I am living the dream. At least for the most part. For those that haven’t heard, I’m spending my summer in sunny San Diego, Calif. interning with Triathlete magazine and Competitor Group, Inc. I’m interviewing my idols, copy editing, fact checking, ordering and testing samples (I was recently assigned a story that required eating free granola – journalism is a tough occupation), and living my dream job, well minus the whole getting paid part. What was my hobby – learning as much as I can about the sport of triathlon – is now my (unpaid) job. And I love it.
The glamor of living and training on my own in Southern California wore off rather quickly – within five minutes of saying goodbye to my mom. The realization that the nearest family member is more than 2,000 miles away is both exciting and extremely daunting. This is not like college: there’s no RA to hold your hand, no activity fairs to meet people, no meal points, no professors to remind you of that assignment’s due date, no previously existing friends down the hall. Just me and a couple of bikes. I’d lie if I said it hasn’t been difficult living in California for the summer, because it has. It’s been difficult navigating a new city. It’s been difficult cooking for one. It’s been difficult figuring out a daily routine with absolutely no parameters. It’s been difficult moving to a new place where you know just two people – both of whom I had yet to actually meet face-to-face upon coming here. But, it has also been eye opening. It has taught me to be at peace with my own company. It has helped me navigate my mistakes and their resulting lessons. It has reminded me to wear sunscreen. It has helped me trust and depend upon myself. It has taught me resilience.
Unfortunately a lot of these lessons and hard times have been surrounding my training. San Diego is the mecca of triathlon (aside from Boulder, Colo.), and coming here I was overtly exciting to take my training to the beautiful trails, roads and beaches of Southern California. This hasn’t quite worked out as planned.
After Collegiate Nationals, I was dealing with some sort of stress injury in my right shin, something between a stress reaction and stress fracture. I’m fairly familiar with these (I’ve had somewhere between six and eight tibial stress fractures – I’ve lost count – and one in my femur), so I know the warning signs, recognize the pain and am my friends’ injury specialist. I laid off the running, took to biking and swimming, and hoped it would heal up in a couple of weeks. It didn’t. I backed out of a half marathon and registered for a later one, hoping it would be all healed up in time for San Diego. It wasn’t. I would go for a test run, feel no pain, and within a week of light consistent running, it would flare up again. This process repeated itself throughout the months of April, May and early June. Just recently, I finally was getting back into running – with my first successful tempo workout and run of over four miles – until the pain came back. My frustration and pent-up anger took to a brief melodrama where all of my dreams were swept away in the ocean waves and replaced with looming question marks. Meanwhile, on my first solo bike ride in San Diego, I found myself also in my first bike accident and hit and run. Thankfully, nothing was broken. I was just shaken, bruised and bloody, but relatively okay, until it hurt to breathe. I couldn’t take a deep breathe, sneeze, cough or laugh without feeling a sharp, acute pain in my chest. I was worried. Continuing my catastrophic thoughts, I called my doctor at home and reported that I thought I had broken a rib – he assured me I would definitely know if that were the case, and we settled on either an intercostal sprain or a costochondral sprain, depending on how quickly the pain subsides. I was told to stay on the trainer, no swimming and little running. And I did. Within a few days, I was back on the roads and rejoicing that I could finally train in at least two of my three sports – riding and running – until the shin pain returned. I regressed to my catastrophic, looming question marks. I began to question my worth, for if my training is suffering, then I must be suffering, too. My athletic identity was gone. My dreams of becoming an elite triathlete were shattered – but only for a minute.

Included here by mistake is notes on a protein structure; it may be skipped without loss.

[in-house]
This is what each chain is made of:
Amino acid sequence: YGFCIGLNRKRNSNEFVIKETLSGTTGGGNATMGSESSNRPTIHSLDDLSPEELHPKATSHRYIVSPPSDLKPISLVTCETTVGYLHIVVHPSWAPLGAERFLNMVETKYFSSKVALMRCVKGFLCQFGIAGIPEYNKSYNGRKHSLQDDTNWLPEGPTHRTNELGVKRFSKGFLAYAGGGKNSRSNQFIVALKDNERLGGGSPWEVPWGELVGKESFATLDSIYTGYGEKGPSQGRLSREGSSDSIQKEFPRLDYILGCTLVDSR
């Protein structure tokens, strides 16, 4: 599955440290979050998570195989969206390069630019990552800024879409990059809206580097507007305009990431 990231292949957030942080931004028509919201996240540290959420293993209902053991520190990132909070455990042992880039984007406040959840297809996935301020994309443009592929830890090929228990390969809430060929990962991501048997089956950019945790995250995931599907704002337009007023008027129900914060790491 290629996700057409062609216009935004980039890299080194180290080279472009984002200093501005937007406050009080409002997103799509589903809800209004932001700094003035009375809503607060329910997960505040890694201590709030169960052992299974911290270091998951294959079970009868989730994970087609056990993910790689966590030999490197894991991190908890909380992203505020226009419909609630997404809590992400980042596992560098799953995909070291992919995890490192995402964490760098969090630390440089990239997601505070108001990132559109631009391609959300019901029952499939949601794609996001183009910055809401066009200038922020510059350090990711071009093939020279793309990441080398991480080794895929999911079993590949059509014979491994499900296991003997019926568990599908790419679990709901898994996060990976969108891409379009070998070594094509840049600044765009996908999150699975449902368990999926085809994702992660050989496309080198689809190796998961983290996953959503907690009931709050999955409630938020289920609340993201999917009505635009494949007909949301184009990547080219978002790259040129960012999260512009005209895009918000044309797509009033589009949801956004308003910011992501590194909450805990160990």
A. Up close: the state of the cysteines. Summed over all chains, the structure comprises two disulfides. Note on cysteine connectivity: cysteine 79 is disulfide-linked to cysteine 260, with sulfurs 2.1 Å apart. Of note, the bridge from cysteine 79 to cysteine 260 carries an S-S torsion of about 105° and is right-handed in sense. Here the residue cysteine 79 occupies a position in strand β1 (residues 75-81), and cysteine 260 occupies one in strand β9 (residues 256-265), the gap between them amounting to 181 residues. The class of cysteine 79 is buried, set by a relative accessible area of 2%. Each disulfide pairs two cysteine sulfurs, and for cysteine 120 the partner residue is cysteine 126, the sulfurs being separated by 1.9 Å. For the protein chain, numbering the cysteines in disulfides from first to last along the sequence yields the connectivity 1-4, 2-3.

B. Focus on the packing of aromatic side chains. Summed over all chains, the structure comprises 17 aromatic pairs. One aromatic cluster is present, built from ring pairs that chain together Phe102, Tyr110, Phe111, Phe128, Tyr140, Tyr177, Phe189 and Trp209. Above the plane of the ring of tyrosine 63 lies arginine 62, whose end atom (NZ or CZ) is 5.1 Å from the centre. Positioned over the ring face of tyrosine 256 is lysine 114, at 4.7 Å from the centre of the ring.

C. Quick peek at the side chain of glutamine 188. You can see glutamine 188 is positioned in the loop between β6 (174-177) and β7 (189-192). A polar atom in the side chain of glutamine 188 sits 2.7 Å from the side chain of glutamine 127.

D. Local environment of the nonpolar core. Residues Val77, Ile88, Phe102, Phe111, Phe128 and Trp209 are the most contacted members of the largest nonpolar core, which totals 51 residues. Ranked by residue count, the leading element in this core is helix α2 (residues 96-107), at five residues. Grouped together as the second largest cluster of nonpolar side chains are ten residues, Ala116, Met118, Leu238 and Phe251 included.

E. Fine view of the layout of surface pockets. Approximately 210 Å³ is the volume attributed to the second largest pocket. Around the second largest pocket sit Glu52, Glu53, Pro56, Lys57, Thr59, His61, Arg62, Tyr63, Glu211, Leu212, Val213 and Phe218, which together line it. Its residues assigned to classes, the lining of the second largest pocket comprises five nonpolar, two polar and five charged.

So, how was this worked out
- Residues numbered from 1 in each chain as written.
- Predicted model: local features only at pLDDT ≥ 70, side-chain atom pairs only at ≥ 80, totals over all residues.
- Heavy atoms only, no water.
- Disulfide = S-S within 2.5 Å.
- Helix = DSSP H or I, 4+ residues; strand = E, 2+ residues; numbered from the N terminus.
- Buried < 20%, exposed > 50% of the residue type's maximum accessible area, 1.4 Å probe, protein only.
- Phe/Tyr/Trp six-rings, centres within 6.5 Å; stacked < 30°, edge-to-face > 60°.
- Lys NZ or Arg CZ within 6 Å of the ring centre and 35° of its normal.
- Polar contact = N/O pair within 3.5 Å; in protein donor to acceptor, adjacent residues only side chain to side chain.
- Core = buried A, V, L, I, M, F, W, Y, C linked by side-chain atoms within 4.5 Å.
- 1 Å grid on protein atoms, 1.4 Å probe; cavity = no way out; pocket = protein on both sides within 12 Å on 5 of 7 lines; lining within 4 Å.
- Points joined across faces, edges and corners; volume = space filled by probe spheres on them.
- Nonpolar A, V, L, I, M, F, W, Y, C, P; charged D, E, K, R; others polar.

This is a season of transition: a new coach, a new set of goals, a new training philosophy and an ever changing me. While my physical training may not be meeting my expectations this year, my mental and emotional training is exceeding them. This season, my focus has been placed on navigating and exposing my mental barriers and ultimately breaking them down. It has been a humbling and difficult journey. I often find myself spending more time fumbling around for the hammer, than breaking anything down, but I have begun to see small chips in the once sound wall, proving to myself that anything is possible. Sometimes my patience is wearing thin, but my dreams are sketched in longevity, and this season’s mental and emotional training brings me one step closer to writing them in ink.
I love California. I love the healthy lifestyles, friendly people and sunny days. I love pushing my limits on the bike with experienced cyclists and adventuring to knew places on my own. I love learning to care for myself and enjoy my own company. I love learning from my idols and mentors, in the office and on the roads. I love challenging myself, finding resilience and choosing positivity in what could be an upsetting situation. I am living the dream. It may not be exactly what I had envisioned, because it’s better.